The time will come soon enough when J and I will be having a vasectomy shower. Ha, not really. We (apparently; I don't remember being the origin of this joke but J insists I/we made it up) go around talking about our "little baby vasectomy." So it's happening soon.
I feel really good about the fact that I have a partner who feels the need to do this. I am of the belief that I don't control him or his body. For me, it seems somewhat similar to being in control of my decision to get an abortion. What if I was with someone who really wanted kids, and even if we both decided that "now wasn't a good time to get pregnant," wanted me to follow through with an unplanned/unintended pregnancy? I would want the choice and control to get an abortion if I didn't feel ready to have a child. I don't want kids right now, but let's say I did. Even if I wanted kids, I don't think that I, as J's primary partner, really have the right to instill control over his body. I think we, as primary partners, could join together in a conversation about what we each want long-term and what we want to be priorities in our lives, and then go from there. I don't think that I get some sort of ultimate say over how he controls his fertility.
I also feel really good about the fact that if I change my mind about wanting kids or raising kids, I would want to adopt. Ethically, it feels like the best thing to me, given all of the kids who are in foster care and are put up for adoption. J feels similarly.
Also, ideally, if I were to raise children, I would want more than one other co-parent. Yes, I think this could complicate relationships and life logistics. But I watch friends and family members and neighbors who are one- or two-parent households and it just looks so difficult. I would want more help. I would want more community. Three adults raising a kid? Four adults raising a couple of kids? Sounds way more ideal, sane, and humane to me (for everyone involved). In fact, reading a bunch of research this week on LGBTQ individuals and couples and their decisions to parent or not and how was really enlightening for me. Many LGBTQ couples end up raising children from previous straight relationships, parent children in their extended family (chosen and of origin), and use methods like surrogacy to create unique family structures. In addition, many LGBTQ individuals around the world have unique family relationships and structures that allow for more fluid and communal parent-child relationships.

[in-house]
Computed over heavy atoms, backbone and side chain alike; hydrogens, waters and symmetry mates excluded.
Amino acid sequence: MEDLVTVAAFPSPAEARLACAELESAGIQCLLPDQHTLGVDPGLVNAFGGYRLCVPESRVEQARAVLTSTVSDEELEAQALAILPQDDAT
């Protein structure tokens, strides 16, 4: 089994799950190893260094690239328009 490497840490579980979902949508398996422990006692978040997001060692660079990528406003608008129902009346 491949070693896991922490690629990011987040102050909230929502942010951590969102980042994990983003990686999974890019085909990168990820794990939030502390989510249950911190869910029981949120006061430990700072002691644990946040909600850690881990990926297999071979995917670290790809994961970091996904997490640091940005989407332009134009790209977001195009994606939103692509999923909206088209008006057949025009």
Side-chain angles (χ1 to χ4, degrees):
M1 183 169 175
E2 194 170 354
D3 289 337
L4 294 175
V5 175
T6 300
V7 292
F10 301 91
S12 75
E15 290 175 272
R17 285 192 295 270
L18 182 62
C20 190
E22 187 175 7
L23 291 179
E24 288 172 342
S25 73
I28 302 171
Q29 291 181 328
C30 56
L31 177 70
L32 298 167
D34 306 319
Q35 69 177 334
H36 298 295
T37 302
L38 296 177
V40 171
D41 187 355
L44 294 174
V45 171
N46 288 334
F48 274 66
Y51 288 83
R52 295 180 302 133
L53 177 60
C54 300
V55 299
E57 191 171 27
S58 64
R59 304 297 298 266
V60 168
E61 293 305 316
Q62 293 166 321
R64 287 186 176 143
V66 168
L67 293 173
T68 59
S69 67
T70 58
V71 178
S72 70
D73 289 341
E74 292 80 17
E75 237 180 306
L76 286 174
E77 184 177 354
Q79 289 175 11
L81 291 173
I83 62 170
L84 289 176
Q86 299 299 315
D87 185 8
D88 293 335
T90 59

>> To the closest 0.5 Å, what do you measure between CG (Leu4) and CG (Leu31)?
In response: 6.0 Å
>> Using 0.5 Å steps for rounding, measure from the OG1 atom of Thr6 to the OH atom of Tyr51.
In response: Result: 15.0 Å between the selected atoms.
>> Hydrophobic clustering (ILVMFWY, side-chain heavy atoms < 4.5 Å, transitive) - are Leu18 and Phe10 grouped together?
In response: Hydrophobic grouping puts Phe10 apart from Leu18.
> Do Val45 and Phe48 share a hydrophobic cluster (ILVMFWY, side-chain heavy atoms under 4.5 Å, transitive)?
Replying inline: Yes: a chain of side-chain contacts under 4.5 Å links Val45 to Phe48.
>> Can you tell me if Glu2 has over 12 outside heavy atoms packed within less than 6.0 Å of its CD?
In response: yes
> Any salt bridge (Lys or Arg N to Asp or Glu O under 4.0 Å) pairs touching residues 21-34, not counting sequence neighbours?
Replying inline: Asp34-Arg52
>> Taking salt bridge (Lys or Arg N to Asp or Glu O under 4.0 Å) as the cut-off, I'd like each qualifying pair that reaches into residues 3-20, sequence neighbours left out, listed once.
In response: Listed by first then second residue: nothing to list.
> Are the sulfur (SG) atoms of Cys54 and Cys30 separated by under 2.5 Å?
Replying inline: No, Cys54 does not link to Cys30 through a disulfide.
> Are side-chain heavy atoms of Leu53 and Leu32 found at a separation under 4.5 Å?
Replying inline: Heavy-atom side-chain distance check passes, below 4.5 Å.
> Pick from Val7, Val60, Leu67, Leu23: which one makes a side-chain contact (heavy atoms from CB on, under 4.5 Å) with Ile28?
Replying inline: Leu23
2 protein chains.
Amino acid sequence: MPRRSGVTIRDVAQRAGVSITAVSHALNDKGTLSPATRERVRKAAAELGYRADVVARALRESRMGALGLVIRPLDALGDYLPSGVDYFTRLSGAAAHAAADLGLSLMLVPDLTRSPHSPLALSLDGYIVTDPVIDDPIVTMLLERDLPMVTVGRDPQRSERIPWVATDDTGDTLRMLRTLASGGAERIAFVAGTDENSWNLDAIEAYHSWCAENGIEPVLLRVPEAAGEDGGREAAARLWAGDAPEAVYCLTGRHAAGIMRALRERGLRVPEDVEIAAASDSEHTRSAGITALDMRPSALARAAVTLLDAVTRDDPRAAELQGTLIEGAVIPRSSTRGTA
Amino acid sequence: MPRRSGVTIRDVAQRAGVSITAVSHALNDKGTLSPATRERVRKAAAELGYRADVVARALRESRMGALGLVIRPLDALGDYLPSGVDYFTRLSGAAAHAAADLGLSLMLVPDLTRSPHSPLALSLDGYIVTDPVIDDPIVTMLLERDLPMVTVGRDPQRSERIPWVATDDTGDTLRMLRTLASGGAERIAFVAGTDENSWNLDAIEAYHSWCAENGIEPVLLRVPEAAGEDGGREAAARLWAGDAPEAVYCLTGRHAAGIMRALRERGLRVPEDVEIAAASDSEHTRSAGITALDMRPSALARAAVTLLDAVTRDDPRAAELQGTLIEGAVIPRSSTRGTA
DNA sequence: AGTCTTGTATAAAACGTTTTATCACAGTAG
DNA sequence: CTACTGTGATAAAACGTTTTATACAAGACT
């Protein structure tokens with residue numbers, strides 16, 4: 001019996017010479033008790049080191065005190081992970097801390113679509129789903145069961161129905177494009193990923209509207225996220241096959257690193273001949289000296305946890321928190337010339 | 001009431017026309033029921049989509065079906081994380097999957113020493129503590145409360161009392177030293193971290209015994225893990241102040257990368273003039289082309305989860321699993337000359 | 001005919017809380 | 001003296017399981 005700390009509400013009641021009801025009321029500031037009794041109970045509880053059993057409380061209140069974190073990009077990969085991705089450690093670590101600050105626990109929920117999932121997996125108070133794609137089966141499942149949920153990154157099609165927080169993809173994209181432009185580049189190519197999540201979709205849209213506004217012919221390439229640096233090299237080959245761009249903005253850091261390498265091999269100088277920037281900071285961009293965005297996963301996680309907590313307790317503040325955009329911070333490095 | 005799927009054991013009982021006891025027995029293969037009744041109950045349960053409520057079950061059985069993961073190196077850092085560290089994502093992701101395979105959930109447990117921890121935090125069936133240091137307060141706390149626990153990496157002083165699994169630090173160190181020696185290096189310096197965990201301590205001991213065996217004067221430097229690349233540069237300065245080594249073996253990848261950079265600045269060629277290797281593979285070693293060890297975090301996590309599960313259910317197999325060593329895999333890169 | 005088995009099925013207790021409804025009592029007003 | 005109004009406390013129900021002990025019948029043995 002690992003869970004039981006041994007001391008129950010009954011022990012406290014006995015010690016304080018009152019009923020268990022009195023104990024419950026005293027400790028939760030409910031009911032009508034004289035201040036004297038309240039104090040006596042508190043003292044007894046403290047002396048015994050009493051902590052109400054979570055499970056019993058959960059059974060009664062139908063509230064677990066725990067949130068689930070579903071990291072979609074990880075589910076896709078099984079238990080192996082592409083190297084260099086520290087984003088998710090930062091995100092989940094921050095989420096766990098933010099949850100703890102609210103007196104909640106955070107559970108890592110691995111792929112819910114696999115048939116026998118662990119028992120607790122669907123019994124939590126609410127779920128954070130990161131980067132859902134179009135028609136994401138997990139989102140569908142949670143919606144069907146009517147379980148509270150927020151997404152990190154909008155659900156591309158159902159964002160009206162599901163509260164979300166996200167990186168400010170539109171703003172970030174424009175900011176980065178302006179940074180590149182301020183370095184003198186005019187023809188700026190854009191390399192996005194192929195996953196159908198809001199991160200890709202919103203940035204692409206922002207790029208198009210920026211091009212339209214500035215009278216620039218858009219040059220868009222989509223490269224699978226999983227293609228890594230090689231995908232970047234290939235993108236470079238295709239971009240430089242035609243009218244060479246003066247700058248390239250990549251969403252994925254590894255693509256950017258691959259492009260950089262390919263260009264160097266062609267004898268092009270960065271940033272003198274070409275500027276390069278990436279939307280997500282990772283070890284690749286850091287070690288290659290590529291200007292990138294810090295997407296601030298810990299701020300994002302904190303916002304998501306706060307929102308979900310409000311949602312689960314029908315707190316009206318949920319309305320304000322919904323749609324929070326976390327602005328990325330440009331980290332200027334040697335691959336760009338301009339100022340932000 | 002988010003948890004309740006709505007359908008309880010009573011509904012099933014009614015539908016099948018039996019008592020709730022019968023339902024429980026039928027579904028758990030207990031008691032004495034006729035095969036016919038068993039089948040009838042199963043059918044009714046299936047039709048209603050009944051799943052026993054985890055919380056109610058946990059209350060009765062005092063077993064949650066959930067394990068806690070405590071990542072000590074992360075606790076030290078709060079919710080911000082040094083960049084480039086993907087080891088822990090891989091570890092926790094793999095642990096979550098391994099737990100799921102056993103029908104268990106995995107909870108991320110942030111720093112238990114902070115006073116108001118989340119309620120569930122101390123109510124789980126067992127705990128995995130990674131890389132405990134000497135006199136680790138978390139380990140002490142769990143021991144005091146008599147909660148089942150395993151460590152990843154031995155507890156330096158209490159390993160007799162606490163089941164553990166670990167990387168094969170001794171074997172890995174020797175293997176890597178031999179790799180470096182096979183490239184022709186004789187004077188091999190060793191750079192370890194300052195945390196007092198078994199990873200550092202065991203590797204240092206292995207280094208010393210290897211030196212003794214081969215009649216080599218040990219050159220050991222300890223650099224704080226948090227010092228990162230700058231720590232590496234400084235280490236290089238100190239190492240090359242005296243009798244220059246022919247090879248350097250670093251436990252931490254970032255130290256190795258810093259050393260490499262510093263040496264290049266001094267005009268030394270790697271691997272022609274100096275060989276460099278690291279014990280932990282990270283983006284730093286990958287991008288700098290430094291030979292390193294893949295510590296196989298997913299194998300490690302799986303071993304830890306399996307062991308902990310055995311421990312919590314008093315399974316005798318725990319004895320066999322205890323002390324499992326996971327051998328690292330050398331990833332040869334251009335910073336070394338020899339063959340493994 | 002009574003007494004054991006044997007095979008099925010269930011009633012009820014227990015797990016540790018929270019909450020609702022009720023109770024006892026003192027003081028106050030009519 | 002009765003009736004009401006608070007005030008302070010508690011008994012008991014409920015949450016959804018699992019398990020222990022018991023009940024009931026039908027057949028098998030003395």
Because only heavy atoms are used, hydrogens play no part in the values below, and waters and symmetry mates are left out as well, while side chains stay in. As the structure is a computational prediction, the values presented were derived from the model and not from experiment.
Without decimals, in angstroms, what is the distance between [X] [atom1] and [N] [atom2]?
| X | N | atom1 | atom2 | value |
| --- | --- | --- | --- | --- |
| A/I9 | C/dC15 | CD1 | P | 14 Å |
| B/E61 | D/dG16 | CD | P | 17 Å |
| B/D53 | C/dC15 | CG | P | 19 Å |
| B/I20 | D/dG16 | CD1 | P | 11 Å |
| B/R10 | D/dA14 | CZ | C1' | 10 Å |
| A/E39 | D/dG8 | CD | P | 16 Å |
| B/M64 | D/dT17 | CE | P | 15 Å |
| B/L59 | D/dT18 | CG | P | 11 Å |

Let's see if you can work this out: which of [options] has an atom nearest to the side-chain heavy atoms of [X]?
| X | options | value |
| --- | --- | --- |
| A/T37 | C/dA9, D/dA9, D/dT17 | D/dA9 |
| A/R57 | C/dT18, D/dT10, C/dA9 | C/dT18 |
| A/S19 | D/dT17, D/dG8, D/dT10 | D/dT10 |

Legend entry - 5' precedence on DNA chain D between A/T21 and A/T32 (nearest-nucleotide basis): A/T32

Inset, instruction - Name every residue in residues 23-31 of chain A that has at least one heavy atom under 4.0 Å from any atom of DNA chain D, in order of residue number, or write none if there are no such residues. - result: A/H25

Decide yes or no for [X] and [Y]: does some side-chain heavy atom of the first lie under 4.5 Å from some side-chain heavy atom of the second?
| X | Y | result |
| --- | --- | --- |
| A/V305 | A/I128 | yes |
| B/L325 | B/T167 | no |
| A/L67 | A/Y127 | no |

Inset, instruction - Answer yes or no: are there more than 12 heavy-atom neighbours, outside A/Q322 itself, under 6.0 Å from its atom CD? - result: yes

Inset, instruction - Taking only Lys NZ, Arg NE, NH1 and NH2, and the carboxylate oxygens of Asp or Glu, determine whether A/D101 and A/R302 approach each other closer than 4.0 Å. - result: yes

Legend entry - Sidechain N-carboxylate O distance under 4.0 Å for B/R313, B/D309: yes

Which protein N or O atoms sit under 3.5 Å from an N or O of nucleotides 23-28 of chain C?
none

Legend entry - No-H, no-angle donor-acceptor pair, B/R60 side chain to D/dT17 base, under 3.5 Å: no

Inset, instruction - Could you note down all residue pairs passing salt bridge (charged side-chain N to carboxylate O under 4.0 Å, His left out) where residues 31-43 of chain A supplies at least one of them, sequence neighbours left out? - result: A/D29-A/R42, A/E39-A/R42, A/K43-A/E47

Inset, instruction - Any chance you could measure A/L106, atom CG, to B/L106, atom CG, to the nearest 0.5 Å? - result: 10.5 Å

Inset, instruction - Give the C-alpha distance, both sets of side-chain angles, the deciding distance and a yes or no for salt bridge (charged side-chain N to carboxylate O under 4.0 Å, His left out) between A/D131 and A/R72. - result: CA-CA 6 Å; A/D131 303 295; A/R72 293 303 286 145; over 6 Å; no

I wish that more than condoms and vasectomies existed for male-bodied individuals wanting to be mindful of their fertility. Female-bodied folks have lots of options, and males deserve the same family planning mechanisms. Until then, J and I will be celebrating our little baby vasectomy.
PS: J's urologist informed him, too, that vasectomy reversal is actually quite successful ("they" just don't want that published too much). So in the rare event we drastically change our minds in the future, we can probably make some baby Ks and Js. ;)